The Blob lives on thanks to Gove reforms

I recently had the great privilege and pleasure of working with a group of SCITT trainees, talking about the use of research in education.

It was inspiring to see such enthusiasm and professionalism from a varied group of people, covering a range of ages and backgrounds. It was refreshing to see people excited about teaching and pedagogy.

The guy who is in charge of this particular SCITT is a wonderful eccentric, brimming with the fervour of a man who loves his job.

The whole experience made me feel quite positive about the future of the teaching profession if these folks are a fair reflection of those entering it.

However, during our conversations I was stunned to hear some of the dreadful and depressing things that these guys are being told in schools.

For some context, SCITT programmes are school-based teacher training courses which give trainees a focused on-the-job training route. In this particular case, trainees come together in a “hub” to reflect and share practice. So, it isn’t the hub as such that trains them; it is the staff within he schools who do that.

Such programmes help to fulfil Michael Gove’s desire to wrench teacher training out of the hands of the progressives who (apparently) run education departments in universities and who fill trainees’ heads with dangerous and harmful ideas about student-centred teaching and so on. Instead, trainees get trained in schools, by teachers and school leaders who can shape new teachers in their own image, grounded in the realities of daily practice and with a true desire to drive up educational standards instead of being “enemies of promise”.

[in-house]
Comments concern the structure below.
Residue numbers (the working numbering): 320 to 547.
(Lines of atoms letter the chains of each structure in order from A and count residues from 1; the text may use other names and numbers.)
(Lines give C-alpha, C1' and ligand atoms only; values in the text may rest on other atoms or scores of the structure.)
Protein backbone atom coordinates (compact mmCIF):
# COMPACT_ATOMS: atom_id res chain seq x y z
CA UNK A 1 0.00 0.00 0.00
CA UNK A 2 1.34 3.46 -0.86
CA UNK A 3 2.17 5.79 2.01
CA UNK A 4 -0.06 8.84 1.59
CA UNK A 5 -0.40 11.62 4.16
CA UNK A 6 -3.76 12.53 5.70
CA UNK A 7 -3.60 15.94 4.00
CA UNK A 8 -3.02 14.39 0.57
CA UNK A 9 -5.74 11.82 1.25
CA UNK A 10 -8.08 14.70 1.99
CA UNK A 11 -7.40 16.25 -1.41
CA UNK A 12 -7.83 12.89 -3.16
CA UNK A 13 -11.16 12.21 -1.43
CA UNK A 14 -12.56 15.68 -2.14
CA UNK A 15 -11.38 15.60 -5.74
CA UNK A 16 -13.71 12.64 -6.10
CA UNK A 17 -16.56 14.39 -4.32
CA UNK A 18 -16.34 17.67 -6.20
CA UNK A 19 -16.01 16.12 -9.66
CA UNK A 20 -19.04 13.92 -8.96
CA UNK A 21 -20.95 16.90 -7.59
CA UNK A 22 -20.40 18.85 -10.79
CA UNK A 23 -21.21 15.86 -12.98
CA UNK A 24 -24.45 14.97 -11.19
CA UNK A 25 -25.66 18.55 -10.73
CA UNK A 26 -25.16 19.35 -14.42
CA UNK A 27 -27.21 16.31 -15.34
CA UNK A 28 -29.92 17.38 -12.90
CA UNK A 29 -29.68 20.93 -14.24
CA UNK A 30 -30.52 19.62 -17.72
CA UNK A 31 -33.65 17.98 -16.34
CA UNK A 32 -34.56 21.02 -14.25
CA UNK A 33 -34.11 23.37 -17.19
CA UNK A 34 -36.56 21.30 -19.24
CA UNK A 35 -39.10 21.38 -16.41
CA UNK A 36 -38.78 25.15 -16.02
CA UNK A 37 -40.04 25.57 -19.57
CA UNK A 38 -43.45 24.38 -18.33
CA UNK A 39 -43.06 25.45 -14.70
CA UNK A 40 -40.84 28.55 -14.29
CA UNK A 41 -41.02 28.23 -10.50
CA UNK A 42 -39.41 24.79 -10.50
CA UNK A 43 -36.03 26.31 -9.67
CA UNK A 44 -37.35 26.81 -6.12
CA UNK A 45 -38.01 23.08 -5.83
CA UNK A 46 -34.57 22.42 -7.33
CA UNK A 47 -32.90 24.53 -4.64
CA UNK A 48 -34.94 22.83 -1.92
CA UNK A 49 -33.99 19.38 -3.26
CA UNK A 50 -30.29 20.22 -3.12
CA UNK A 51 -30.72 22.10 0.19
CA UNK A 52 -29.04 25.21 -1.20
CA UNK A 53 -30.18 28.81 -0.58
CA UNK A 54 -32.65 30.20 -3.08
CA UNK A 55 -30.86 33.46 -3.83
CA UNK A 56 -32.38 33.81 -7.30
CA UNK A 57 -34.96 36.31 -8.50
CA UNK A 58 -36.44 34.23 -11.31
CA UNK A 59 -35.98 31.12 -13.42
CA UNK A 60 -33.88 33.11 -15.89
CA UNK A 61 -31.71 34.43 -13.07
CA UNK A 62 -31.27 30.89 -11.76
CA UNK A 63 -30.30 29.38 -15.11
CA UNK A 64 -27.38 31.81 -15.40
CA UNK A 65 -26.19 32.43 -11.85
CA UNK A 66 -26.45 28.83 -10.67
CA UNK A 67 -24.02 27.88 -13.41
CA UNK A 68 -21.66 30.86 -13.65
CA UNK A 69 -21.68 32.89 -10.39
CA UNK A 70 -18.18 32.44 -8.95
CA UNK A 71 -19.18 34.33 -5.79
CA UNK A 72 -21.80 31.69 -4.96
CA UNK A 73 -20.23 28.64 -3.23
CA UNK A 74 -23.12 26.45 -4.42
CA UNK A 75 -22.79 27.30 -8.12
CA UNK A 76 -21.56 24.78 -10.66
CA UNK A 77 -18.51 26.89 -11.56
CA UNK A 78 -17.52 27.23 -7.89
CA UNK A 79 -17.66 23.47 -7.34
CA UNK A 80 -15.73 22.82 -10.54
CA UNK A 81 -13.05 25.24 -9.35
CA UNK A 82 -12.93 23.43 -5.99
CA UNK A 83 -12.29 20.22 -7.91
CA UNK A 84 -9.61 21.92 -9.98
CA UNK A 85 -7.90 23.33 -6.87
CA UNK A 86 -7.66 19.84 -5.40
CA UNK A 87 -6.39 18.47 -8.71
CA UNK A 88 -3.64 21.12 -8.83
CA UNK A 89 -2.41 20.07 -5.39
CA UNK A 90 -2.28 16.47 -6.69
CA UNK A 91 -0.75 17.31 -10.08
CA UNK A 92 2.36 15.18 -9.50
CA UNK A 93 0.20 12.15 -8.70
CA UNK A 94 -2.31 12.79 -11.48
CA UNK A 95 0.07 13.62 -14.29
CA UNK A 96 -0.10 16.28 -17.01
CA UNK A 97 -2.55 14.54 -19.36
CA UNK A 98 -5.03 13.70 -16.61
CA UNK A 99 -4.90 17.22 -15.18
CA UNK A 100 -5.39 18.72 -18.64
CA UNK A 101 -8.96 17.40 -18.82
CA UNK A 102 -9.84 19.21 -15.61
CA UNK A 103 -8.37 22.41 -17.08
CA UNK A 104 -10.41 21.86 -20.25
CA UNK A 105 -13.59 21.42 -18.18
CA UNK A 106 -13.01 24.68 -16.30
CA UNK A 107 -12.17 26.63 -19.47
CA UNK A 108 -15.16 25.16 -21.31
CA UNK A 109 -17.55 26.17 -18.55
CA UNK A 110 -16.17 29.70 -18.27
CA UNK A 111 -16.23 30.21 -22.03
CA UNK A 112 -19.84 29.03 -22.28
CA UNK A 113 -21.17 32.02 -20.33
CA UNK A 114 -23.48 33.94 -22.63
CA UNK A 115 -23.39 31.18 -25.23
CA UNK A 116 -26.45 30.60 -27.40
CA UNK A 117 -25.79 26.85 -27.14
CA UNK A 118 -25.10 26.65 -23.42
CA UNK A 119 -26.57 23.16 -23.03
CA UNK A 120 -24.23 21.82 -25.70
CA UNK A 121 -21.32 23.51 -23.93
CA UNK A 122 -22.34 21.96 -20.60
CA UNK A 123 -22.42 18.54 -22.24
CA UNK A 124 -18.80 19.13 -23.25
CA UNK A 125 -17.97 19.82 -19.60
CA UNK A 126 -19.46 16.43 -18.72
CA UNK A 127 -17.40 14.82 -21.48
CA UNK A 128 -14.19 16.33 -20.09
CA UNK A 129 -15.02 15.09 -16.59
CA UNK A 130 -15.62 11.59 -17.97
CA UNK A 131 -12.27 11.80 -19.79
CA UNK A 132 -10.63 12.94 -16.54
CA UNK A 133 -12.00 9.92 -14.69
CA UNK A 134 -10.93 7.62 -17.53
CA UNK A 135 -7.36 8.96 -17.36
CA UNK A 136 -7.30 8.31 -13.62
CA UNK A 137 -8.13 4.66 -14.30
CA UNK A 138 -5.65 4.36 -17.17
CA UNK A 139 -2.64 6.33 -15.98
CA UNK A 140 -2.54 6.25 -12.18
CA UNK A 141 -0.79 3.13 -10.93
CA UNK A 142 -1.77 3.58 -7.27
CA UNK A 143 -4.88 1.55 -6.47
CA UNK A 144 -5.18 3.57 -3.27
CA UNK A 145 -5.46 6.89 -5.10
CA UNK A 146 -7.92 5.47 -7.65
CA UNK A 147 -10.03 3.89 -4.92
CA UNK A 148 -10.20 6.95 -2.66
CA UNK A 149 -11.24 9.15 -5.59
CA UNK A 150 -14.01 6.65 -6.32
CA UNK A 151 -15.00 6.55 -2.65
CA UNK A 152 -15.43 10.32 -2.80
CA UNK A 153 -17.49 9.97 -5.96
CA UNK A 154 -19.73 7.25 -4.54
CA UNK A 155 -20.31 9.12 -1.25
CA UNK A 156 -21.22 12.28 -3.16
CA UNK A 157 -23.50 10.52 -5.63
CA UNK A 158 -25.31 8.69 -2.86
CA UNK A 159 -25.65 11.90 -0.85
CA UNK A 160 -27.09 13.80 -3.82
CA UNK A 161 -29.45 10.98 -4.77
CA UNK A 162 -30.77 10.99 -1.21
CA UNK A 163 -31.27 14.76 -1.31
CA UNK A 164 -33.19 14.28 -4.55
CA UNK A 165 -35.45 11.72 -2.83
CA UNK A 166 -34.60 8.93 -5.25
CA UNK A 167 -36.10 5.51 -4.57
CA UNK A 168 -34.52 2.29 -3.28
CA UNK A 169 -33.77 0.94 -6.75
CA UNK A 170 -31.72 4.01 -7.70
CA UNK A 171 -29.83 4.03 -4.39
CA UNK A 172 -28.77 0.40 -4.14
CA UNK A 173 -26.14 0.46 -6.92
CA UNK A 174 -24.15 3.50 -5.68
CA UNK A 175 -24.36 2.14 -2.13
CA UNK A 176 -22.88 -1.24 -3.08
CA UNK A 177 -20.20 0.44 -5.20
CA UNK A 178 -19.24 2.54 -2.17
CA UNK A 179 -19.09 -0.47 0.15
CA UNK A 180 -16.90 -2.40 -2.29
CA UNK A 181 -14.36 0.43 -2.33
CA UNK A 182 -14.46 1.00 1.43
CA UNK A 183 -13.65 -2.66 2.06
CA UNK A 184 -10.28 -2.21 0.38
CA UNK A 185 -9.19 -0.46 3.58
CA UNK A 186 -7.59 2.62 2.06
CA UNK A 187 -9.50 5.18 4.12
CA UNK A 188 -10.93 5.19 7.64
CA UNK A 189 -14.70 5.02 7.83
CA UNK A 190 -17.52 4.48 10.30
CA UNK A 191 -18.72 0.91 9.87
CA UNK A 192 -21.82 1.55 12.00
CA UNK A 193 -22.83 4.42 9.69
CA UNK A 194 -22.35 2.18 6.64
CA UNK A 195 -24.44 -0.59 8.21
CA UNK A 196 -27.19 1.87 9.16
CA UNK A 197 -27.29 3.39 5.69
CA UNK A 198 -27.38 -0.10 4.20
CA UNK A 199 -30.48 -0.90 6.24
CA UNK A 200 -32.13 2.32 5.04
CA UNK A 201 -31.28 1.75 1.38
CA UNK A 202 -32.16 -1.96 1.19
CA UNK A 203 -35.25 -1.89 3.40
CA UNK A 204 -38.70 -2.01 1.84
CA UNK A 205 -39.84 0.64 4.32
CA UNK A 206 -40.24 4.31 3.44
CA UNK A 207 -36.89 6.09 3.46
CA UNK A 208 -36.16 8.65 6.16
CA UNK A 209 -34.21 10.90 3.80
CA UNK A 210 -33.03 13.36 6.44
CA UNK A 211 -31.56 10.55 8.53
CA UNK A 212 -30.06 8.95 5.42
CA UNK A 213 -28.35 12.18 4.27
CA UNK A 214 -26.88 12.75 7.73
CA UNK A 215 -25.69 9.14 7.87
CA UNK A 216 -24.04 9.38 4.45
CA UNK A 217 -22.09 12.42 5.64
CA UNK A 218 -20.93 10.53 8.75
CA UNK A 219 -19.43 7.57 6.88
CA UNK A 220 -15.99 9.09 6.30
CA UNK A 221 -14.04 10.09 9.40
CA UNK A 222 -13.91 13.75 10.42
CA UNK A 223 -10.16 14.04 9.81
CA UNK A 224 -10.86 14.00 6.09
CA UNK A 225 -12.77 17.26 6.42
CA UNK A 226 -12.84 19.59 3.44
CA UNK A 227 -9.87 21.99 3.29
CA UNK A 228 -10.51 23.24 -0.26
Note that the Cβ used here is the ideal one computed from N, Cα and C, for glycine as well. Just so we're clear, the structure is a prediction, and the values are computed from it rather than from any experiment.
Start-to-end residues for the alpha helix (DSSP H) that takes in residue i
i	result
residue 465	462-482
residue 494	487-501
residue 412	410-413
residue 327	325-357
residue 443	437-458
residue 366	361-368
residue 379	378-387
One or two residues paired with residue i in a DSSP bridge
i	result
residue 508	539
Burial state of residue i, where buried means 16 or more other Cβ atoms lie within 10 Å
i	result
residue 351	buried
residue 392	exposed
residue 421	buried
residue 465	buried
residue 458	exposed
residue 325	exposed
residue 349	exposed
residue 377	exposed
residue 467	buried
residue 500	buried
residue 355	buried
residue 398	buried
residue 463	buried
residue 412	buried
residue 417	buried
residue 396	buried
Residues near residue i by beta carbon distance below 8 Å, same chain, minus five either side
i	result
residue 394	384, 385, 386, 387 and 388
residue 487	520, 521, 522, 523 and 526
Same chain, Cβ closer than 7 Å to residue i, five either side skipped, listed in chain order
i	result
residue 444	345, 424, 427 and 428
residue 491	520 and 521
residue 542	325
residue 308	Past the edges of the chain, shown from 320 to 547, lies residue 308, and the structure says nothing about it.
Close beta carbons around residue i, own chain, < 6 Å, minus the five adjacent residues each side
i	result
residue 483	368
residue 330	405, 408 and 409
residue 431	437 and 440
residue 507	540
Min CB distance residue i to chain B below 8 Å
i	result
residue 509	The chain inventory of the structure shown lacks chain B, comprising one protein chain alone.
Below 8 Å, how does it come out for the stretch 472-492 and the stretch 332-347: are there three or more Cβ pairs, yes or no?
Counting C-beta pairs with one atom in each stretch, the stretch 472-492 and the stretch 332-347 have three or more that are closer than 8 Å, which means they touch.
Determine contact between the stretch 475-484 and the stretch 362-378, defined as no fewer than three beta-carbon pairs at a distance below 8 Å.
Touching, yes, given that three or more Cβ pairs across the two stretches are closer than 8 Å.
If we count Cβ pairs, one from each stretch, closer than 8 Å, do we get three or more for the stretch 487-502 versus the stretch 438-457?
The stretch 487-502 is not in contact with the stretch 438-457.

There is a slight flaw in the plan which is this: Schools are too often dens of deceit and untruths. Schools protect and feed myths as if suffering Stockholm syndrome. It isn’t the education departments of universities that are the Blob, but schools themselves that are riddled with ideologies, and driven by paranoia and self-preservation that are doing Bad Things in the vain hope of achieving Something Good.

For instance, many of the trainees were astonished to discover that VAK is #EduLasagne.

Many more were gob smacked when I showed them the Ofsted handbook and Guidance for Schools documents which clearly state that they don’t need to see a lesson plan. One poor chap showed me his file of lesson plans that he’d had to produce during a recent Ofsted inspection – which all teachers in the school had been told to do. Their lesson plans had to detail timings for every little bit of the lesson; they were told that if Ofsted came into their lesson and they weren’t at the point the plan specified at that time, then they would be penalised. This was not a unique anecdote within the group.

Another trainee mentioned that her school demands data entry every three weeks. This data includes a level (yes, the ones that don’t exist anymore), and grades for effort, behaviour and so on. Every. Three. Weeks.